i’m not gonna lie. i knew there was a fort in Agra only because it was mentioned on my tour itinerary — i pretty much only knew Agra for the Taj Mahal.
we did the fort first, and man, it blew me away, especially compared to Delhi’s Red Fort. as a central part of the Mughal Empire, it is also related to Emperor Humayun of Humayun’s Tomb fame — pretty cool IMHO.
but back to Agra Fort — it seemed like the buildings were in a much better condition, and they were grander in scope and design and thus much more impressive. i was constantly “wow”-ing because i had been conditioned for a let-down after my experience with the Red Fort — but much of the architectural detailing and decorations are still visible and inspiring to this day.
i just wish we had more time there! i think i could have spent another 45 minutes. that’s the problem with being on a tour schedule! on the one hand, you have a guide and all the benefits that come with, but on the other, you’re not free to explore on your own and set your own schedule. alas.
ah, the Taj. i was kind of hesitant to get my hopes up because well, i was worried it was overhyped by everyone. after visiting, though, it’s very clearly worth the hype. while i thought there were a lot of people, apparently, the guide said it wasn’t bad (and it’s worse on the weekends; also, doesn’t open on Fridays, keep that in mind). the size of the actual building was about what i envisioned in my mind’s eye, but i had no idea it was so intricately decorated. i’m glad we went in the late afternoon and stayed through the early minutes of sunset. you can see the changing colors and shadows (and dare i say moods) of the Taj as reflected in its white marble. from far away it’s just plain impressive in terms of scope and beauty; up close it’s a testament to the skilled workmanship. overall, though, man, if i could have a mausoleum like this! what a way to show your love, eh?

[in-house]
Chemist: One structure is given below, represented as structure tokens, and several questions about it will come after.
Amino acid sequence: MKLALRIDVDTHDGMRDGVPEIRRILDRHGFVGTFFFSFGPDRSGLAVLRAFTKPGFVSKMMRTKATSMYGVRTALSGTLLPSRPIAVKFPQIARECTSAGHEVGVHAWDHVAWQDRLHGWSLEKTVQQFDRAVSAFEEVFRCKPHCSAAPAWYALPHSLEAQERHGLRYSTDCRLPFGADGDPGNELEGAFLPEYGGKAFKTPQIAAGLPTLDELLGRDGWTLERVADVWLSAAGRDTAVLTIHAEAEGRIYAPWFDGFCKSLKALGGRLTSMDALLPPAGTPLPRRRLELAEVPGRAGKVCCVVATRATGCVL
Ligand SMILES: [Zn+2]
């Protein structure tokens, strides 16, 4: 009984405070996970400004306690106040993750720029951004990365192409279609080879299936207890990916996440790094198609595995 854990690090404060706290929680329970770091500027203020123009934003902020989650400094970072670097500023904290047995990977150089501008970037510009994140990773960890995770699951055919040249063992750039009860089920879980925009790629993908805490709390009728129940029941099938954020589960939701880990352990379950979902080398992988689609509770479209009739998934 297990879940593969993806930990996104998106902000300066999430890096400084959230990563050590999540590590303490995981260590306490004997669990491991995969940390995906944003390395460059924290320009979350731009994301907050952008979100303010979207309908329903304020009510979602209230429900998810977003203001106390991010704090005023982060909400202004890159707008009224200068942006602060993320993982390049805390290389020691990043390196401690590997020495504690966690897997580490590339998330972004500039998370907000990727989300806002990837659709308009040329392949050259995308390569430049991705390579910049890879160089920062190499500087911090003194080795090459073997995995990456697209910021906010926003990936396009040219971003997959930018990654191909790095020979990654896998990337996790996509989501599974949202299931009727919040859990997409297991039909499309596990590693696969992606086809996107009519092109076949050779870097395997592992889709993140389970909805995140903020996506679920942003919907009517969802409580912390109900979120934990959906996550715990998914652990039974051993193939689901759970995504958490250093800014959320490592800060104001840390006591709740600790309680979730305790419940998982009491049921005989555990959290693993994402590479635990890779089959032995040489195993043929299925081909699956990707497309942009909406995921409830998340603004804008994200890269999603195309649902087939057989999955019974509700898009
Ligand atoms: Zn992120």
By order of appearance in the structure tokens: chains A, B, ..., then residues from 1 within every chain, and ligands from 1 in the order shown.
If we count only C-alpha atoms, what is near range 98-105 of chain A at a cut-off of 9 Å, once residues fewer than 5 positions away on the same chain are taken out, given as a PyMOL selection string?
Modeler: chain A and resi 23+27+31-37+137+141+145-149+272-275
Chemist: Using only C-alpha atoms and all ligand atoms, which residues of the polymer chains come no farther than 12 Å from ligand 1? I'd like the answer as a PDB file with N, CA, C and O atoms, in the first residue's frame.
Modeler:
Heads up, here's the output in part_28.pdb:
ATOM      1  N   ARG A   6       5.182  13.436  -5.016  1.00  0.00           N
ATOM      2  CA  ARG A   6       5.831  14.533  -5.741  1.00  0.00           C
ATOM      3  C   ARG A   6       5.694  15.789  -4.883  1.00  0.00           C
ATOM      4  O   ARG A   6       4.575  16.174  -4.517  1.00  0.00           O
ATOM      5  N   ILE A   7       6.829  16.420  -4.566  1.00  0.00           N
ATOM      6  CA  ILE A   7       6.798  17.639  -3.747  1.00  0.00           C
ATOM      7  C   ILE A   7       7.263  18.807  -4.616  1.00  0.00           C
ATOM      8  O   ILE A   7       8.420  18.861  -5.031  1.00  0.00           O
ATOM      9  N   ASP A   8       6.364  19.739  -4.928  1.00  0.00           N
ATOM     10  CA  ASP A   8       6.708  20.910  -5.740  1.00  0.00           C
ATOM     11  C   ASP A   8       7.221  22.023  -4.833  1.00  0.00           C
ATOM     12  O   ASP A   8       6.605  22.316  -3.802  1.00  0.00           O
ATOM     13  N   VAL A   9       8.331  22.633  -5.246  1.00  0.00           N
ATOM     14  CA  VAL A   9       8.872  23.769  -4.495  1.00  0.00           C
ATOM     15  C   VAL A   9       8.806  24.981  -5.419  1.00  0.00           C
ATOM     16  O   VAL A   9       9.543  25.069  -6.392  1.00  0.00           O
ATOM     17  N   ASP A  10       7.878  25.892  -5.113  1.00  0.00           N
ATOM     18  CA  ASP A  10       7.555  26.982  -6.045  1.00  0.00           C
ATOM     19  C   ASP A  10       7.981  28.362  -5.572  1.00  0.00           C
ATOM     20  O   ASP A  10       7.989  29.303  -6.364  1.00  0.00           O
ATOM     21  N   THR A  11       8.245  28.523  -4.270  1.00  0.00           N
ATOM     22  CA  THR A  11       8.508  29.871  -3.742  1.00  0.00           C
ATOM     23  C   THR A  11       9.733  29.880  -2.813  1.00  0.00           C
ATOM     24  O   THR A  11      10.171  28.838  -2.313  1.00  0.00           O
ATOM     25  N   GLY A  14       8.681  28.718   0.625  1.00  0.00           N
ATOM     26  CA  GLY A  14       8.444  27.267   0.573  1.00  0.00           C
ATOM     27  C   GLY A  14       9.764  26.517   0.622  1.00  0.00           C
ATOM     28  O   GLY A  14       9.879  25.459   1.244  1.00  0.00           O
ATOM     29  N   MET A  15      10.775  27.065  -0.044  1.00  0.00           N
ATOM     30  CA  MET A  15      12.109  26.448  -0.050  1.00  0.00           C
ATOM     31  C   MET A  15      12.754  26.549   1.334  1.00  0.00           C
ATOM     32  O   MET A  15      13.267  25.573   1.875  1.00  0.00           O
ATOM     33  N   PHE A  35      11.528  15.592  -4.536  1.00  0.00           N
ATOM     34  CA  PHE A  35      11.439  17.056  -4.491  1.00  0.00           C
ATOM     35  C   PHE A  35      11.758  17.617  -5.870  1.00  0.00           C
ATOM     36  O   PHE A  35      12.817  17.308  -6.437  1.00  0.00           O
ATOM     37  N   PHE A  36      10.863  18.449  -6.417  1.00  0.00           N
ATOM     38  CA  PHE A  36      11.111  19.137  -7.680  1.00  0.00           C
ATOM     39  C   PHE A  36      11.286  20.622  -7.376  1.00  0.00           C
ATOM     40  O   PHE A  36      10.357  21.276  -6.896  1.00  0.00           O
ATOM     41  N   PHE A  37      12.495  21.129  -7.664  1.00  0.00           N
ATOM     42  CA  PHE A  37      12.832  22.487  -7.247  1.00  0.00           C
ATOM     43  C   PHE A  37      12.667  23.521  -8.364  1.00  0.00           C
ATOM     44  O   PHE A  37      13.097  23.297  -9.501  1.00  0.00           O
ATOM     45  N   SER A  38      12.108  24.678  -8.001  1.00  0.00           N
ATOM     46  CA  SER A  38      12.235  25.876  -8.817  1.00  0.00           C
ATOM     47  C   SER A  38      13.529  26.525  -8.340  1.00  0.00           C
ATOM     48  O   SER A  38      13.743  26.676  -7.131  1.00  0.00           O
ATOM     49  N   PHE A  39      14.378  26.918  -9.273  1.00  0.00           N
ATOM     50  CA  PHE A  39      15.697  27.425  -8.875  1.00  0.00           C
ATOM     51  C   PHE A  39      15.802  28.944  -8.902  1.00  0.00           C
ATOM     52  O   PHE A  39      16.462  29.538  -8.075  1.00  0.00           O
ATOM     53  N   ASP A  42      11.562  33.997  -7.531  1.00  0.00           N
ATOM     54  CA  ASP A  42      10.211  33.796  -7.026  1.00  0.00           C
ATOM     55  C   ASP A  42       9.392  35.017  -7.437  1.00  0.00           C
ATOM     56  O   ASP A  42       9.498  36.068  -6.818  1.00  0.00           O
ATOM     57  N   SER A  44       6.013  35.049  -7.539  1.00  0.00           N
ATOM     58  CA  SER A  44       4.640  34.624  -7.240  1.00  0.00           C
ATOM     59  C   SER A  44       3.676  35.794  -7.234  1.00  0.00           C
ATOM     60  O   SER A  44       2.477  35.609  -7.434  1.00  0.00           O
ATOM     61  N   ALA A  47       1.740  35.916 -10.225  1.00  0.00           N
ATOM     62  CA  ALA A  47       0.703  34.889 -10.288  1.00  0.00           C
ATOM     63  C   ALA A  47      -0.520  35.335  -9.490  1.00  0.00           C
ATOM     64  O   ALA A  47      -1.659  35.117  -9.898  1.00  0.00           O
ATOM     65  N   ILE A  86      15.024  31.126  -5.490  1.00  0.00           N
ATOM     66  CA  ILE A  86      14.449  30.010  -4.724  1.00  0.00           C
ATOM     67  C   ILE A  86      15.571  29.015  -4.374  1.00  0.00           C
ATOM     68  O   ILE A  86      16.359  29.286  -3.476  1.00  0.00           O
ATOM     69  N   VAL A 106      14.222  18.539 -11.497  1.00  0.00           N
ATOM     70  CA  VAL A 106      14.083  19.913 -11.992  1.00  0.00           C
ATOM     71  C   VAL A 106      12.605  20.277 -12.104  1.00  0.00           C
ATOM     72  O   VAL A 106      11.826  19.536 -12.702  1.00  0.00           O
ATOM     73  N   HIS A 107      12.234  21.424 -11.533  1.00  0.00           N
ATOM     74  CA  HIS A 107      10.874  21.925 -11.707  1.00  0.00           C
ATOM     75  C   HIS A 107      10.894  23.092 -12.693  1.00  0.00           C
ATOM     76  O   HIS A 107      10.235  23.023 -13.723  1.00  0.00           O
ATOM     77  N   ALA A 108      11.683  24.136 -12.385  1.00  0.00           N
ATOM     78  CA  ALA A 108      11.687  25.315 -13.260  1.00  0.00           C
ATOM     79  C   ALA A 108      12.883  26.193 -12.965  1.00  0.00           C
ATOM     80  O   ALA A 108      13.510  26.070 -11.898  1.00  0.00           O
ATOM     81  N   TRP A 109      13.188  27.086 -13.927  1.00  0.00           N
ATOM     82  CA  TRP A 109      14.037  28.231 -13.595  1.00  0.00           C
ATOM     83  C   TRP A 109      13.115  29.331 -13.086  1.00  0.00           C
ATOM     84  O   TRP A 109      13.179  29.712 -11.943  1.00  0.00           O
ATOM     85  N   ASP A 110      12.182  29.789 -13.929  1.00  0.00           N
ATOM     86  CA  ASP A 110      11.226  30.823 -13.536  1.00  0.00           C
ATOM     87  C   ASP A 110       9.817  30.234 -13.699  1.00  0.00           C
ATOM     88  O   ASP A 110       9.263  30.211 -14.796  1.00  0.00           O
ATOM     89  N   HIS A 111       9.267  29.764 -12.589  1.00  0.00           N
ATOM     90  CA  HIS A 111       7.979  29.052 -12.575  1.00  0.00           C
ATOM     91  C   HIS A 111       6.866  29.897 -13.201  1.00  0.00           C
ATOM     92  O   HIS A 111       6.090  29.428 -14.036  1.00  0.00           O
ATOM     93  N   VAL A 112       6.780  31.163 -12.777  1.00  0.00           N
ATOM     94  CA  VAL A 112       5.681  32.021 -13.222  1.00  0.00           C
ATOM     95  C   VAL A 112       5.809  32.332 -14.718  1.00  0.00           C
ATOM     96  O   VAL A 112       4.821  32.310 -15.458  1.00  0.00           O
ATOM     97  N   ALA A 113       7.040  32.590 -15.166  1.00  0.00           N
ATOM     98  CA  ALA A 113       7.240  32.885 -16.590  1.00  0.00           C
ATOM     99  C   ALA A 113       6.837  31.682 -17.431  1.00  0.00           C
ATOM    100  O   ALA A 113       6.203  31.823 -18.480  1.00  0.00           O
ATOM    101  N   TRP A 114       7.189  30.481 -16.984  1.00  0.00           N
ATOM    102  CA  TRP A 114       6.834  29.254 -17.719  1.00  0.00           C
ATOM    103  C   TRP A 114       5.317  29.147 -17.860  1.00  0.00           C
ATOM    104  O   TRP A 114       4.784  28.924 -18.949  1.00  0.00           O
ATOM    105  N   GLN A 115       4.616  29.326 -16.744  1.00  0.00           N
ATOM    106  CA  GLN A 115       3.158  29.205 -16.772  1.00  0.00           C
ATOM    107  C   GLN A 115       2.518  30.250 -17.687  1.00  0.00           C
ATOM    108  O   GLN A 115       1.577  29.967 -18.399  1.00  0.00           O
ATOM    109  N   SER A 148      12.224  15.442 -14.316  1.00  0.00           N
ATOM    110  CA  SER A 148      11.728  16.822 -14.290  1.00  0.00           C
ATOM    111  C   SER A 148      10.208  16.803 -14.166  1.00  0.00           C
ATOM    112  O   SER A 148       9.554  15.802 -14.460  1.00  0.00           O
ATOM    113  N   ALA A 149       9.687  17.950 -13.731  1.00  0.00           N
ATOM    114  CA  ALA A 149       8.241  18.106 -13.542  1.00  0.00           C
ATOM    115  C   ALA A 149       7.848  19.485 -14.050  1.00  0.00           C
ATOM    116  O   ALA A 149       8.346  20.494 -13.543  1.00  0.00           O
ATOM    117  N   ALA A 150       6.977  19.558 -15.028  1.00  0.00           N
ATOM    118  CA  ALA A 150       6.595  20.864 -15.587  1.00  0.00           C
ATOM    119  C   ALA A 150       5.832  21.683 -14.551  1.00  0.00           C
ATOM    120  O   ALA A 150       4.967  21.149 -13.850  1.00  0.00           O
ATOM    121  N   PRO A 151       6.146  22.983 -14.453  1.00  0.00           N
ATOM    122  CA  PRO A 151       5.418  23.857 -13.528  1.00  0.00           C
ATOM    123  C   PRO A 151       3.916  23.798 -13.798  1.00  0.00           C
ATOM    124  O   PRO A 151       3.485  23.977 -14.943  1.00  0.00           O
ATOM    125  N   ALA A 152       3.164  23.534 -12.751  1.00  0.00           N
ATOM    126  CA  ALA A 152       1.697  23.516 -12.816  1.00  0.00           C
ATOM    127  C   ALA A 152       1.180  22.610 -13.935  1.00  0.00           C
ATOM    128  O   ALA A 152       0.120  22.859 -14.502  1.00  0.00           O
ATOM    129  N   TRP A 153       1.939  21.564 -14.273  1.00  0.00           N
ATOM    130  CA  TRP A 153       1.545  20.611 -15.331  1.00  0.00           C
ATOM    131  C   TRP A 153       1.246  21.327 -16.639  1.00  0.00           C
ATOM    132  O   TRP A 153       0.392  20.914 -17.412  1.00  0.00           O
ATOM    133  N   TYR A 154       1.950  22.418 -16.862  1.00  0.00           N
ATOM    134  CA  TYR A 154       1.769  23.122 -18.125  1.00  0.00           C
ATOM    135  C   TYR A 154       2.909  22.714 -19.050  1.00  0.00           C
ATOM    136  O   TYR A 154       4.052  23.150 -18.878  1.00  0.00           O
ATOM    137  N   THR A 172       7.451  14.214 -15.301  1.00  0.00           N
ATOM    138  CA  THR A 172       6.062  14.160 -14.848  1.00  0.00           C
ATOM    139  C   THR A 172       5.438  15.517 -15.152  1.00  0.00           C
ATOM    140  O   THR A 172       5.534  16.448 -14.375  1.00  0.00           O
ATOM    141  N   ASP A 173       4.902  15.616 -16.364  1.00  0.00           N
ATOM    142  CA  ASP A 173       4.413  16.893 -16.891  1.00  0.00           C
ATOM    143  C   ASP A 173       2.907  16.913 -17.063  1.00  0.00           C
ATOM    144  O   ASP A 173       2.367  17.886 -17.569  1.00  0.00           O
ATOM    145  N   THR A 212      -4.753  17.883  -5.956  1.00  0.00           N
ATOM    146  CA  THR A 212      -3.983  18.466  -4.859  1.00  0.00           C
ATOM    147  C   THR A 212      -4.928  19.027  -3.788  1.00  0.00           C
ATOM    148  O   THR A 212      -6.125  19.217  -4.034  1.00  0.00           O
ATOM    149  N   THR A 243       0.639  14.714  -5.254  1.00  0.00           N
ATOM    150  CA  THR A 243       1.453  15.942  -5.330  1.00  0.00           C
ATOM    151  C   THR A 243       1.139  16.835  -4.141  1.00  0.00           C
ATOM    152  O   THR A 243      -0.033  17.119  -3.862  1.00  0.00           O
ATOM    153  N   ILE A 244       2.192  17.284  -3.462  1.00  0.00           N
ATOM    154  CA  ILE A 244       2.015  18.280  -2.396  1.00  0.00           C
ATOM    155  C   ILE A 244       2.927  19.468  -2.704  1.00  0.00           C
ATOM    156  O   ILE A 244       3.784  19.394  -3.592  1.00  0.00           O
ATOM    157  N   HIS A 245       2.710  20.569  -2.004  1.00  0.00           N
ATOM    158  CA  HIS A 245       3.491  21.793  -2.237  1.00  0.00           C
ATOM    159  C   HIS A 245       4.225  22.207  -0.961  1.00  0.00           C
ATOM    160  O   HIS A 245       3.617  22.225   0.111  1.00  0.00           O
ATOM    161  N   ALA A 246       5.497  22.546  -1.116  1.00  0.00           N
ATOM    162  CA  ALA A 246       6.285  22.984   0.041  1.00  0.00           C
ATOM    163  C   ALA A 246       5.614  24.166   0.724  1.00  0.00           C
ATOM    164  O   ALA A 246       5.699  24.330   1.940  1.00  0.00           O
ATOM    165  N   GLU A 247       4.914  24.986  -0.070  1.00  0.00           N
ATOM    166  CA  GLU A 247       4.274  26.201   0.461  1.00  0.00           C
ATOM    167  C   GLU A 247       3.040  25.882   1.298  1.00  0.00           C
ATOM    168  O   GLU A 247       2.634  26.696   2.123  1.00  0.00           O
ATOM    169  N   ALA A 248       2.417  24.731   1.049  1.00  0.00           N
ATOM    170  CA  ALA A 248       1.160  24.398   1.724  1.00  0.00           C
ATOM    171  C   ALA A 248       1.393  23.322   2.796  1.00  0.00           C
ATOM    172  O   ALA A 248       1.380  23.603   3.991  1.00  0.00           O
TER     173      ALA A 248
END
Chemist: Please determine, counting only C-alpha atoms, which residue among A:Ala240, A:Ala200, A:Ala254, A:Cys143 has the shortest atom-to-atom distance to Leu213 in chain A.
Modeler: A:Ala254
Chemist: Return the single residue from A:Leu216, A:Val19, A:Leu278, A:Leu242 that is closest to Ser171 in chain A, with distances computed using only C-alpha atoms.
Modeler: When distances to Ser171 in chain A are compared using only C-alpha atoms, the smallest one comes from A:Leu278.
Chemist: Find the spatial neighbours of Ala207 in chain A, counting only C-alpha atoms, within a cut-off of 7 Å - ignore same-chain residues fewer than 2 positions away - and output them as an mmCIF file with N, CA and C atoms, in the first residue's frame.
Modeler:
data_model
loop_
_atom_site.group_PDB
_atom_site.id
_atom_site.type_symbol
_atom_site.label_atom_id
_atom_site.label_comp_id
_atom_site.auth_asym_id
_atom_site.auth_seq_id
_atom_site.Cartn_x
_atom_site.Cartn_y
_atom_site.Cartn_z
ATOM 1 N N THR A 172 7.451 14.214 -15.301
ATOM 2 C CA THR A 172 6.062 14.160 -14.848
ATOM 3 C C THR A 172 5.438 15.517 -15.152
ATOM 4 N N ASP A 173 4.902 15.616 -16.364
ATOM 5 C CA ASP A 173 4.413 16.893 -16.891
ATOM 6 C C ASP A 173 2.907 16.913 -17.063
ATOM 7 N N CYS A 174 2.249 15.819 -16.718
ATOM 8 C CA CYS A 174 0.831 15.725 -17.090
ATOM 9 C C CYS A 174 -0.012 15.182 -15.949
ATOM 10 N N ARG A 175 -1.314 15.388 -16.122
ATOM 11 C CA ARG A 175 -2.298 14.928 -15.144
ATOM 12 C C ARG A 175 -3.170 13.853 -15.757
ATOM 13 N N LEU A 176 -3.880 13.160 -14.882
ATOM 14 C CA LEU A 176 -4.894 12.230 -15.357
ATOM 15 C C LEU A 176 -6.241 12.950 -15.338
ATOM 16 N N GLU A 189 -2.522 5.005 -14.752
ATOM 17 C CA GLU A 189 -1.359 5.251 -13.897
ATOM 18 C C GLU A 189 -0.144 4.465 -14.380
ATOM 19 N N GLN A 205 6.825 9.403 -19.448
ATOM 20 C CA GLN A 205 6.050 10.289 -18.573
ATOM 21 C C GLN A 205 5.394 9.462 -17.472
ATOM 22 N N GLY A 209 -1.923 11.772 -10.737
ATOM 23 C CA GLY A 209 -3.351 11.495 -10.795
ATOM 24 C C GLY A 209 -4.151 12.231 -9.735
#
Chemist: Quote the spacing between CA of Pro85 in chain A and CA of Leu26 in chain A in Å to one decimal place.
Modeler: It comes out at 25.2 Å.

the latter is the driver’s seat of an “Electrobus” — only battery-powered vehicles are allowed close to the Taj Mahal so you have to ride to and from the parking lot in an old electric bus or a newer elongated golf cart. oh and definitely be sure to go to the guesthouse to the right (or the mosque on the left, same design). it was a nice calm spot with much fewer people than the crowded gardens and mausoleum.
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